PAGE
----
Desert Hairy Scorpion Fact File
The desert hairy scorpion is the largest species of scorpion found in North America. Here they live in the south-west of the United States.
They are equipped with a pair of large pincers which are used to seize prey. As a carnivore they primarily feed on insects but they are capable of capturing a lizard and eating it.
These animals are venomous and can inject this through the stinger at the end of the body. This is used to subdue prey. In most humans this has little effect though with all venoms medical care should be sought if symptoms occur after envomation.
Read on to learn more about these amazing arachnids.
Desert hairy scorpions are the largest species of scorpion found in North America. They reach lengths of up to 1.4cm (5.5in) long with a weight of 4 to 7g (0.14-0.25oz).
Their name is drawn from the small, erect hairs which cover the tail. These sensory hairs are an adaptation allowing them to find prey.
The body of the desert hairy scorpion is colored tan or olive-green. The pedipalps, legs and tail are darker in color than the rest of the body.
As an arachnid the desert hairy scorpion is equipped with a total of eight legs. Their body is made up of two body parts known as the abdomen and cepholothorax.
At the front of the body are a large pair of pinchers which are an adaptation to allow them to catch, crush and tear apart their prey items.
Their body ends with a long tail which ends with a venomous stinger which is used to envenomate and subdue struggling prey.
Male and female desert hairy scorpions have similar appearance though males may have larger pincers.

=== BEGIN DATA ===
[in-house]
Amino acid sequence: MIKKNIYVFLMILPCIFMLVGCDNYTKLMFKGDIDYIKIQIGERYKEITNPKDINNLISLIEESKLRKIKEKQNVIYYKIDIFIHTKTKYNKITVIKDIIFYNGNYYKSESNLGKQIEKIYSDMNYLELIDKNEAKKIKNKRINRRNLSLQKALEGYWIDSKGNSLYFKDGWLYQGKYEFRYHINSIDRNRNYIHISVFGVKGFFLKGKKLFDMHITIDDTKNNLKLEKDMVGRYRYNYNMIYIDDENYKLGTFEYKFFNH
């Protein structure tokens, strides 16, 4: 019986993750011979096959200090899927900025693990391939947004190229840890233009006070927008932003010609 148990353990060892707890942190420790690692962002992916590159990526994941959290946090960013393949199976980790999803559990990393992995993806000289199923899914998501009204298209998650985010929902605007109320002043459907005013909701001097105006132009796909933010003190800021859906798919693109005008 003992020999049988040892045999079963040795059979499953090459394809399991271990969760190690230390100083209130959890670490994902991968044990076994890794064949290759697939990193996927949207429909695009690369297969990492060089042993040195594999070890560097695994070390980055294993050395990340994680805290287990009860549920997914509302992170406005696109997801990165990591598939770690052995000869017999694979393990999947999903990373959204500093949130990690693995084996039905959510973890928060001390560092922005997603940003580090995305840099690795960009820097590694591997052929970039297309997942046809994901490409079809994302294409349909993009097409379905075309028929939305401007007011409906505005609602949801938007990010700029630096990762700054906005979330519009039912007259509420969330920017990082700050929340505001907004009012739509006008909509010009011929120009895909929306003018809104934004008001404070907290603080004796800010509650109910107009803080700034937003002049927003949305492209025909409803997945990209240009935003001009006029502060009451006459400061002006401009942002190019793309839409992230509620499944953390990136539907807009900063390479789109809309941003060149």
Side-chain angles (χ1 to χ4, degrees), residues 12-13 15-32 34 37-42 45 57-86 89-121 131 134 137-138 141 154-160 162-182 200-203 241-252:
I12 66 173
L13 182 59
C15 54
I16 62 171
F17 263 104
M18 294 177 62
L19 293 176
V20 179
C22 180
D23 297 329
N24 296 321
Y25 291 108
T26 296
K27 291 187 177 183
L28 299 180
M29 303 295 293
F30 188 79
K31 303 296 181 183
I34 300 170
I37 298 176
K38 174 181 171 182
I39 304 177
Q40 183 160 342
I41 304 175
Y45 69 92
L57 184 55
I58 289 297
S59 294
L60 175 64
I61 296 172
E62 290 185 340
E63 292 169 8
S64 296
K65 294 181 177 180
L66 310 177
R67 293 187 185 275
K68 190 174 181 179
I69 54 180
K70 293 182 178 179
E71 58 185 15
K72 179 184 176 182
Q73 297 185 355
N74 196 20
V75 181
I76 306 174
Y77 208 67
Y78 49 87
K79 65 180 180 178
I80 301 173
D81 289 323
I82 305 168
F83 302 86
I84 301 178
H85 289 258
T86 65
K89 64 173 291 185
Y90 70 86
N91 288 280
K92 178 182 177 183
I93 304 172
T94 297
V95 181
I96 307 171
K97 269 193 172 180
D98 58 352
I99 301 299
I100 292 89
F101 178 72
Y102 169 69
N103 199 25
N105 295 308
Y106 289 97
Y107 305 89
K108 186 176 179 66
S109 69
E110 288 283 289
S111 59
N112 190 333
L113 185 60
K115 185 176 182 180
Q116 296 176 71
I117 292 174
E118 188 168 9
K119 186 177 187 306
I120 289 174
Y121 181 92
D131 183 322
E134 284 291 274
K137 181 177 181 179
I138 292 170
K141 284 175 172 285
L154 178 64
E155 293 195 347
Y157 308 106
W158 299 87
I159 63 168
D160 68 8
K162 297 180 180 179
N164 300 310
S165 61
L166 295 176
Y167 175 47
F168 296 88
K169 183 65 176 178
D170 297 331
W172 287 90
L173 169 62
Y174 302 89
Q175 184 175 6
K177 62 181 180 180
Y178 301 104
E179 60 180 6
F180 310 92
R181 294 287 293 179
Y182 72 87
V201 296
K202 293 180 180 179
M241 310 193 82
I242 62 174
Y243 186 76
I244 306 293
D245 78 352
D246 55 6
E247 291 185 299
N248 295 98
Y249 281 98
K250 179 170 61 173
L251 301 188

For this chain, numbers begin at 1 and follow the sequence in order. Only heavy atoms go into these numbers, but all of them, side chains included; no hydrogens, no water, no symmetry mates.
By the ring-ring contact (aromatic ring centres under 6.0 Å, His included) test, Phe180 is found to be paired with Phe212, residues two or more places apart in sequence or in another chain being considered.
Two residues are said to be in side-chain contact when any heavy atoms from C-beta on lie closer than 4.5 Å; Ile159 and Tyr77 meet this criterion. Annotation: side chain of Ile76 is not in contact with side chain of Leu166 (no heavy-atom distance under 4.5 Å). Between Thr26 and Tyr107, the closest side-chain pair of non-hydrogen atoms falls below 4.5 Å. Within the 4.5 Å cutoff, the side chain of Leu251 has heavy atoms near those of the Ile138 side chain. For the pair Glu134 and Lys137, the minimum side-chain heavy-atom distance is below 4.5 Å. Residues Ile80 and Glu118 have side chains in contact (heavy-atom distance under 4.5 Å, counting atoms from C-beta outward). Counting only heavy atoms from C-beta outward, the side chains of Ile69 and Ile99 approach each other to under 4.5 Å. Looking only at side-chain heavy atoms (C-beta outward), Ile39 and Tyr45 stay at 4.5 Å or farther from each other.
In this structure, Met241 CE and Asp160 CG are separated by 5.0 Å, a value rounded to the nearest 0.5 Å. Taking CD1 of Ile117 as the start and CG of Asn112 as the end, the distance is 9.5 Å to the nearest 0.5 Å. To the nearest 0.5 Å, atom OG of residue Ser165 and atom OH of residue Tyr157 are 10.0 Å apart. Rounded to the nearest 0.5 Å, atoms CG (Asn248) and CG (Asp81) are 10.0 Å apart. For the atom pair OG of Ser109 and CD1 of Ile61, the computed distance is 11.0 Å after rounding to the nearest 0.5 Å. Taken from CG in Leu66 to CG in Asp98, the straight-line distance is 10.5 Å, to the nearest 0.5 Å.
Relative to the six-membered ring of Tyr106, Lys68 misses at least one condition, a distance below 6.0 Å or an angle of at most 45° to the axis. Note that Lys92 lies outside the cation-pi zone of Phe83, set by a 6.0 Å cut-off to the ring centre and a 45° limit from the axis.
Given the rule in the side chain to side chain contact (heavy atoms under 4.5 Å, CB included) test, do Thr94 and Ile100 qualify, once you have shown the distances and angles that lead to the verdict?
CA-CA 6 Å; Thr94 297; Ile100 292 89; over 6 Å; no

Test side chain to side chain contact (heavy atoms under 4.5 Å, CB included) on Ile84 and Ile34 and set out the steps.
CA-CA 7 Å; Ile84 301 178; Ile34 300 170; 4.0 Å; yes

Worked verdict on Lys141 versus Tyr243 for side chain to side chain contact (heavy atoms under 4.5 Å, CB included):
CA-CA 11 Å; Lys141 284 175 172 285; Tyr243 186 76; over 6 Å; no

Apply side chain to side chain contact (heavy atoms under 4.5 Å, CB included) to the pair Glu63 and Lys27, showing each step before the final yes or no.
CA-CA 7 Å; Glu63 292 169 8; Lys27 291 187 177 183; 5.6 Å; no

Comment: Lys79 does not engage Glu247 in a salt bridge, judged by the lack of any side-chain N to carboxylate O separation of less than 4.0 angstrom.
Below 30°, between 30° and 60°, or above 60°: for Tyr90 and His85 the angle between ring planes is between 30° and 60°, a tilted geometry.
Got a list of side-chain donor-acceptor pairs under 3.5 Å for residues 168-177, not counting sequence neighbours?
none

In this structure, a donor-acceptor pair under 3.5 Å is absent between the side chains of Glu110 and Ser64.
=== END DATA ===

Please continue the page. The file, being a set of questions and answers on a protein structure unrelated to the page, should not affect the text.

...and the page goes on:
Desert hairy scorpions are carnivores which will feed on insects and other arthropods. This includes other scorpions. Small animals such as lizards may also be consumed.
These animals are ambush predators waiting at their burrow and ambushing prey and killing it with the stinger when it is in striking distance.
The venom of the desert hairy scorpion is considered fairly weak compared to other scorpion species. As with all venomous animals medical treatment should be sought if stung.
North America is the native home of the desert hairy scorpion. Here they can be found in the southwest of the United States. Their range is mostly confined to the Sonoran and Mojave deserts.
As their name suggests the desert hairy scorpion is a resident of desert areas.
Much of their time is spent in an abandoned burrow, cave or crevice.
In parts of their range they live alongside humans in backyards where they take shelter under ornamental plants.
-- AD --
Breeding takes place at night with no defined breeding season allowing young to be produced year round.
Prior to mating a male and female will grip one another by the pinchers and perform a dance together. Following this the male will deposit his sperm packet and then pull the female over it so she can take it in to her abdomen.
After mating the male will release the female and then he runs away from her. If the female can catch the male she will eat him and this provides energy for raising the young.